On the other hand, he pointed out that the contacts in the world of international arms dealing, which Diana may have made in her campaign against land mines, or her research into a formerly legal weapon used by the Pentagon, could have been impetus for surveillance by U.S. agencies — with or without British consent.

Black said if the United States was, in fact, monitoring Diana's conversations without consent from a sister agency in Britain, it "will cause a bit of a spat, not a huge one, but perhaps discussions behind closed doors in Washington."

He added that the British government's response will be a bit more dramatic if it's discovered the U.S. was spying on Diana on U.K. soil.

It isn't know which U.S. agency carried out the alleged phone tapping in France, but Black said that across the American intelligence apparatus, "more than 1,000 pages" are held on the late princess.

But now, the reports of monitoring may become a diplomatic embarrassment, CBS News correspondent Sheila MacVicar reports, with both the British and the French likely to ask what the U.S. was doing and why.

For conspiracy theorists, it's given them one more reason to believe that Diana's death was not an accident.

The National Security Agency runs one of the world's largest international intelligence gathering centers in northern England, MacVicar reports, and its function is to rake in millions of electronic transmissions from cell phones, e-mails and all manner of satellite communications ever day from across the globe.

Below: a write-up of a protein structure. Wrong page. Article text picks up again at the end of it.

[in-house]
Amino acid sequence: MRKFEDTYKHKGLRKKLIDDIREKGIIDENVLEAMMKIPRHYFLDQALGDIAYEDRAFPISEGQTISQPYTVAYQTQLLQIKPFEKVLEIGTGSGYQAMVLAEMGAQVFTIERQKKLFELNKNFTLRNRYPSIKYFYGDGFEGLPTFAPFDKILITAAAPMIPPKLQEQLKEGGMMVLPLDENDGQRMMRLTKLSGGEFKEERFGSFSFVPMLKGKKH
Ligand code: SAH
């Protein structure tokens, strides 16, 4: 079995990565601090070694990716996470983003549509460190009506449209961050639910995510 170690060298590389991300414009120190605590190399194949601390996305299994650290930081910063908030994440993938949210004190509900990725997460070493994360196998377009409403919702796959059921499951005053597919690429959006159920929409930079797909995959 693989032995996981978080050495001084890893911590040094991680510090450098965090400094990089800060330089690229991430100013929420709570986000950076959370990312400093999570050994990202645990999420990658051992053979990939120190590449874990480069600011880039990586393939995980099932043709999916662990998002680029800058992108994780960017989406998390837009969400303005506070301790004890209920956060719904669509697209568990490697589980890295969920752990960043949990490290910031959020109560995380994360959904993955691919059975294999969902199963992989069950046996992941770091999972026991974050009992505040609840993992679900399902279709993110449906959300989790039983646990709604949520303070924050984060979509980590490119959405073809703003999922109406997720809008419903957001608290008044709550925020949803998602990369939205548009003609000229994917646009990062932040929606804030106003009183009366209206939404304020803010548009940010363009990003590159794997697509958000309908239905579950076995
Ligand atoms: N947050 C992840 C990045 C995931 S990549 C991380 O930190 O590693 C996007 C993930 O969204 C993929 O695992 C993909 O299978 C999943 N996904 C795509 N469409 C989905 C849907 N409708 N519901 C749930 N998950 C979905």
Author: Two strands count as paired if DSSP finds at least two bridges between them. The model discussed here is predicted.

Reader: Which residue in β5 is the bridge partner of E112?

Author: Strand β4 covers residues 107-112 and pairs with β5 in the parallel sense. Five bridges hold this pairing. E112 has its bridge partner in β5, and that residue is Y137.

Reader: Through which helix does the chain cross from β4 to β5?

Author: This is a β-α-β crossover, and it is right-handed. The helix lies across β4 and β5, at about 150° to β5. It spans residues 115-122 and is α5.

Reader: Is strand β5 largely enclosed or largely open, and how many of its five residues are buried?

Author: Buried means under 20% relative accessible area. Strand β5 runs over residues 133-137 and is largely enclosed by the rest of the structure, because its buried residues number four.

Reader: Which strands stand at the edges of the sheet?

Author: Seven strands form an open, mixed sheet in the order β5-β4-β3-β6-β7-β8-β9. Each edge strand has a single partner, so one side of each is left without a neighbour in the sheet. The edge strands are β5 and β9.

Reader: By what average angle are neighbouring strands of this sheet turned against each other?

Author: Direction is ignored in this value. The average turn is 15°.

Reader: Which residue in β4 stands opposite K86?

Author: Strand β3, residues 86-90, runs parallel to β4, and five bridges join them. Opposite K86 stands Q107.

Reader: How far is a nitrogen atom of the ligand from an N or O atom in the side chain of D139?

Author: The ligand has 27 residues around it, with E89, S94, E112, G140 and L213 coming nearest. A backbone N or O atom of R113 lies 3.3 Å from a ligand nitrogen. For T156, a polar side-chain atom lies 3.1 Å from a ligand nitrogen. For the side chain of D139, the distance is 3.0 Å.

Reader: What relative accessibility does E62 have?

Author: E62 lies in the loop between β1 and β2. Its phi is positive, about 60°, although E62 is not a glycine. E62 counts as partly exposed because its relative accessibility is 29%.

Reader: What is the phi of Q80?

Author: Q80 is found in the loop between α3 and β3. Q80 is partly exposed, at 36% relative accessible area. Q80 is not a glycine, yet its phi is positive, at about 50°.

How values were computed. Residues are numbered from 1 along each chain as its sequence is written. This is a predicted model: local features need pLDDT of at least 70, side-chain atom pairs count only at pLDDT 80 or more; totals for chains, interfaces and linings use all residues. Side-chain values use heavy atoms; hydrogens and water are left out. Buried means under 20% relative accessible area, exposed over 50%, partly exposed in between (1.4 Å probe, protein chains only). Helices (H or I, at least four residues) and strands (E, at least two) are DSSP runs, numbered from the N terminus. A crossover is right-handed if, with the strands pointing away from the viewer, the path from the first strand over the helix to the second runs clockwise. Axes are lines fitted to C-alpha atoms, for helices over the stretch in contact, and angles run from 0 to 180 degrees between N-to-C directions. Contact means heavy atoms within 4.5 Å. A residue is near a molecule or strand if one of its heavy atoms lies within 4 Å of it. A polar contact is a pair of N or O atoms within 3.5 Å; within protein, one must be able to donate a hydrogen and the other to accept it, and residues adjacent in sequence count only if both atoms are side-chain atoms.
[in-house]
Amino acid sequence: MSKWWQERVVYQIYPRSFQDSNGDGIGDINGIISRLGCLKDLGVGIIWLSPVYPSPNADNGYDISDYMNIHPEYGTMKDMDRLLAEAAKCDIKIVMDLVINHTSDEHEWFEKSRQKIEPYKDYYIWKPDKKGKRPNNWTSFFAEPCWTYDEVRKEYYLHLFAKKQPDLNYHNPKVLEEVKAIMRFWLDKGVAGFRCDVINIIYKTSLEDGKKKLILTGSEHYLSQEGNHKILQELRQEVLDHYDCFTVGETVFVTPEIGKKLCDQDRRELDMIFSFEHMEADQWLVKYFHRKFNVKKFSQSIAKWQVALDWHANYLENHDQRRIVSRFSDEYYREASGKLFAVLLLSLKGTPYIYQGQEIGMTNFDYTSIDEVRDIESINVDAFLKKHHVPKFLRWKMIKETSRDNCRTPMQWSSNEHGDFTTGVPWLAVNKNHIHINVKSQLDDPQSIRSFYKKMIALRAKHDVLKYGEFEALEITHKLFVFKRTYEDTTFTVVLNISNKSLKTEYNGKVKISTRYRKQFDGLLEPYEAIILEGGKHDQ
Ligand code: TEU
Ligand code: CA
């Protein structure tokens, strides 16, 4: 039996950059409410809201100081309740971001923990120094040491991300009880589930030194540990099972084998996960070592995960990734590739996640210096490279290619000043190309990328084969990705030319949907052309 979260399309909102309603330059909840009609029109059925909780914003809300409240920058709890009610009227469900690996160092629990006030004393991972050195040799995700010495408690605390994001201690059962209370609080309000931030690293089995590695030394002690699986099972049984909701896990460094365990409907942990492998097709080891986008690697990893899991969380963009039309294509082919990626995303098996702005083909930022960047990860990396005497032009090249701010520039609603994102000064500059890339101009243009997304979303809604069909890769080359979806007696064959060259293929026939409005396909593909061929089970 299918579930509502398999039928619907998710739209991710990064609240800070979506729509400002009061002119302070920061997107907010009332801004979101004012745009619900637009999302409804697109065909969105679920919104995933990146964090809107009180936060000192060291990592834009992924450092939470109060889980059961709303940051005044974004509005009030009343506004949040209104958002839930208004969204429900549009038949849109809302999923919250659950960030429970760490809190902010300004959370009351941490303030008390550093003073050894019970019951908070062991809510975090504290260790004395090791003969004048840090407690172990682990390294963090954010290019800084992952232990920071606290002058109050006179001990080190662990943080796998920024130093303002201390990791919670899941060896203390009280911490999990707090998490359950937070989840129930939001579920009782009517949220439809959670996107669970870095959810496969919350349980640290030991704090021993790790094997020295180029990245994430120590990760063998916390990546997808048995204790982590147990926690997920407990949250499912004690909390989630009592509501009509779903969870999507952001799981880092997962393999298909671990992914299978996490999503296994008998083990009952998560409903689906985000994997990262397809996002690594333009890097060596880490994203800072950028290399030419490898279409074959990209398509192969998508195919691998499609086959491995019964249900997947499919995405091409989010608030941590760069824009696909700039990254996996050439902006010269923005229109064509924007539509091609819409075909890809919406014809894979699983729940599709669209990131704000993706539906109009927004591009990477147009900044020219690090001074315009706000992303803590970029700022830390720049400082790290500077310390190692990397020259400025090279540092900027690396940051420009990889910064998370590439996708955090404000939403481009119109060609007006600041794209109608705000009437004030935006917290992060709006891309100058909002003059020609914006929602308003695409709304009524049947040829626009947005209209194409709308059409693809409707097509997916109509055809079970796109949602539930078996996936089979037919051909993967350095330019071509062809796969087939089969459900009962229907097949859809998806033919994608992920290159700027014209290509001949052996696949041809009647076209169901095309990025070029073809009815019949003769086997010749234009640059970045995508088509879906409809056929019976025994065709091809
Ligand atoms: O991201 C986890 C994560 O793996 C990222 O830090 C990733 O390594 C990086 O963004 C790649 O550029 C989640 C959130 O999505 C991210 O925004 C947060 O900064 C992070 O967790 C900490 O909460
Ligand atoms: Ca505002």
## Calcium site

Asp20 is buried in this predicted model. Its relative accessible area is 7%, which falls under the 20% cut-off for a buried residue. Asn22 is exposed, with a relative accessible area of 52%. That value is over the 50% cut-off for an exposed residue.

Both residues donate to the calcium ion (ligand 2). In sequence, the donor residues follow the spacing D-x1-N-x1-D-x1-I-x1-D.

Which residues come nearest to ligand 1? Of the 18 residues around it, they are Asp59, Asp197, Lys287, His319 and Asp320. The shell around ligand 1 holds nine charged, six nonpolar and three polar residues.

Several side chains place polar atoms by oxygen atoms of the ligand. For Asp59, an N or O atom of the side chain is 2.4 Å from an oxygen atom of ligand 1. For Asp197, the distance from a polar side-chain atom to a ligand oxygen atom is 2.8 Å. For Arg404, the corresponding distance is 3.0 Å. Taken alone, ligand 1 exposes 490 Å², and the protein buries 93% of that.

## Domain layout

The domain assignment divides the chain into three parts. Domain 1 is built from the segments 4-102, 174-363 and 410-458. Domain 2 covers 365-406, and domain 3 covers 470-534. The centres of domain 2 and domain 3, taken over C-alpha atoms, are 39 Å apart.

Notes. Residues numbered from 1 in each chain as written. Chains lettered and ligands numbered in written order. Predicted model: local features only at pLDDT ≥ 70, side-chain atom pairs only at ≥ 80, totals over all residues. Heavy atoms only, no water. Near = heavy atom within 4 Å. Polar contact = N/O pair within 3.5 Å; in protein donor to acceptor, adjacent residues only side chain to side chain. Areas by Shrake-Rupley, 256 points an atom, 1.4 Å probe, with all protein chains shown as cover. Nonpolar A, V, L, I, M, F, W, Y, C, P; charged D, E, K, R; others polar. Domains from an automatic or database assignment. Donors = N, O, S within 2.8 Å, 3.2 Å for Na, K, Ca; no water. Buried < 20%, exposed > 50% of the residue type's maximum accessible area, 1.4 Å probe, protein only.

MacVicar added that the last call Diana was known to have made was from the private dining room of a London restaurant.

It seems just one more incredible story about the death of the princess. In nine years since she died with her boyfriend, conspiracy theorists have had a field day. The report, by Lord Stevens, a former police commissioner, is designed to get at the truth.

The official French investigation found that Diana and Fayed died after their driver, Henri Paul, drunk at the wheel, lost control of their car.

Martyn Gregory, author of "Diana: The Last Days," has written extensively about the deaths.

"One thing about the Internet is that it's an evidence-free environment and what Lord Stevens has done, I believe, is to be led by the evidence and that has informed his decisions," Gregory tells MacVicar.

"It was Henry Paul's blood — yes, he was drunk," says Gregory. "I think that Lord Stevens will find that he was going far too fast and that he wasn't qualified to drive the car. So if you put those three elements together, that's the key reason for the crash."

Meanwhile, Diana's sons, Princes William and Harry, were 15 and 13 when she died. They announced Tuesday that they were organizing a memorial service and a separate, star-studded pop concert in 2007 to honor their mother on her birthday, July 1.

"The evening is all about our mother—the main purpose is to celebrate and to have fun and to remember her in a fun way," Prince William said. "We've got some brilliant people coming, and we really want to thank everyone who is taking part."

MacVicar reports that the English National Ballet will perform in honor of a princess who loved to dance, as will Diana's good friend Sir Elton John.

"This is going to be their bid to try to focus attention away from the cold fact or inquires that actually can be quite hurtful for people who have lost their loved one, their parent," royal correspondent Robert Johnson said.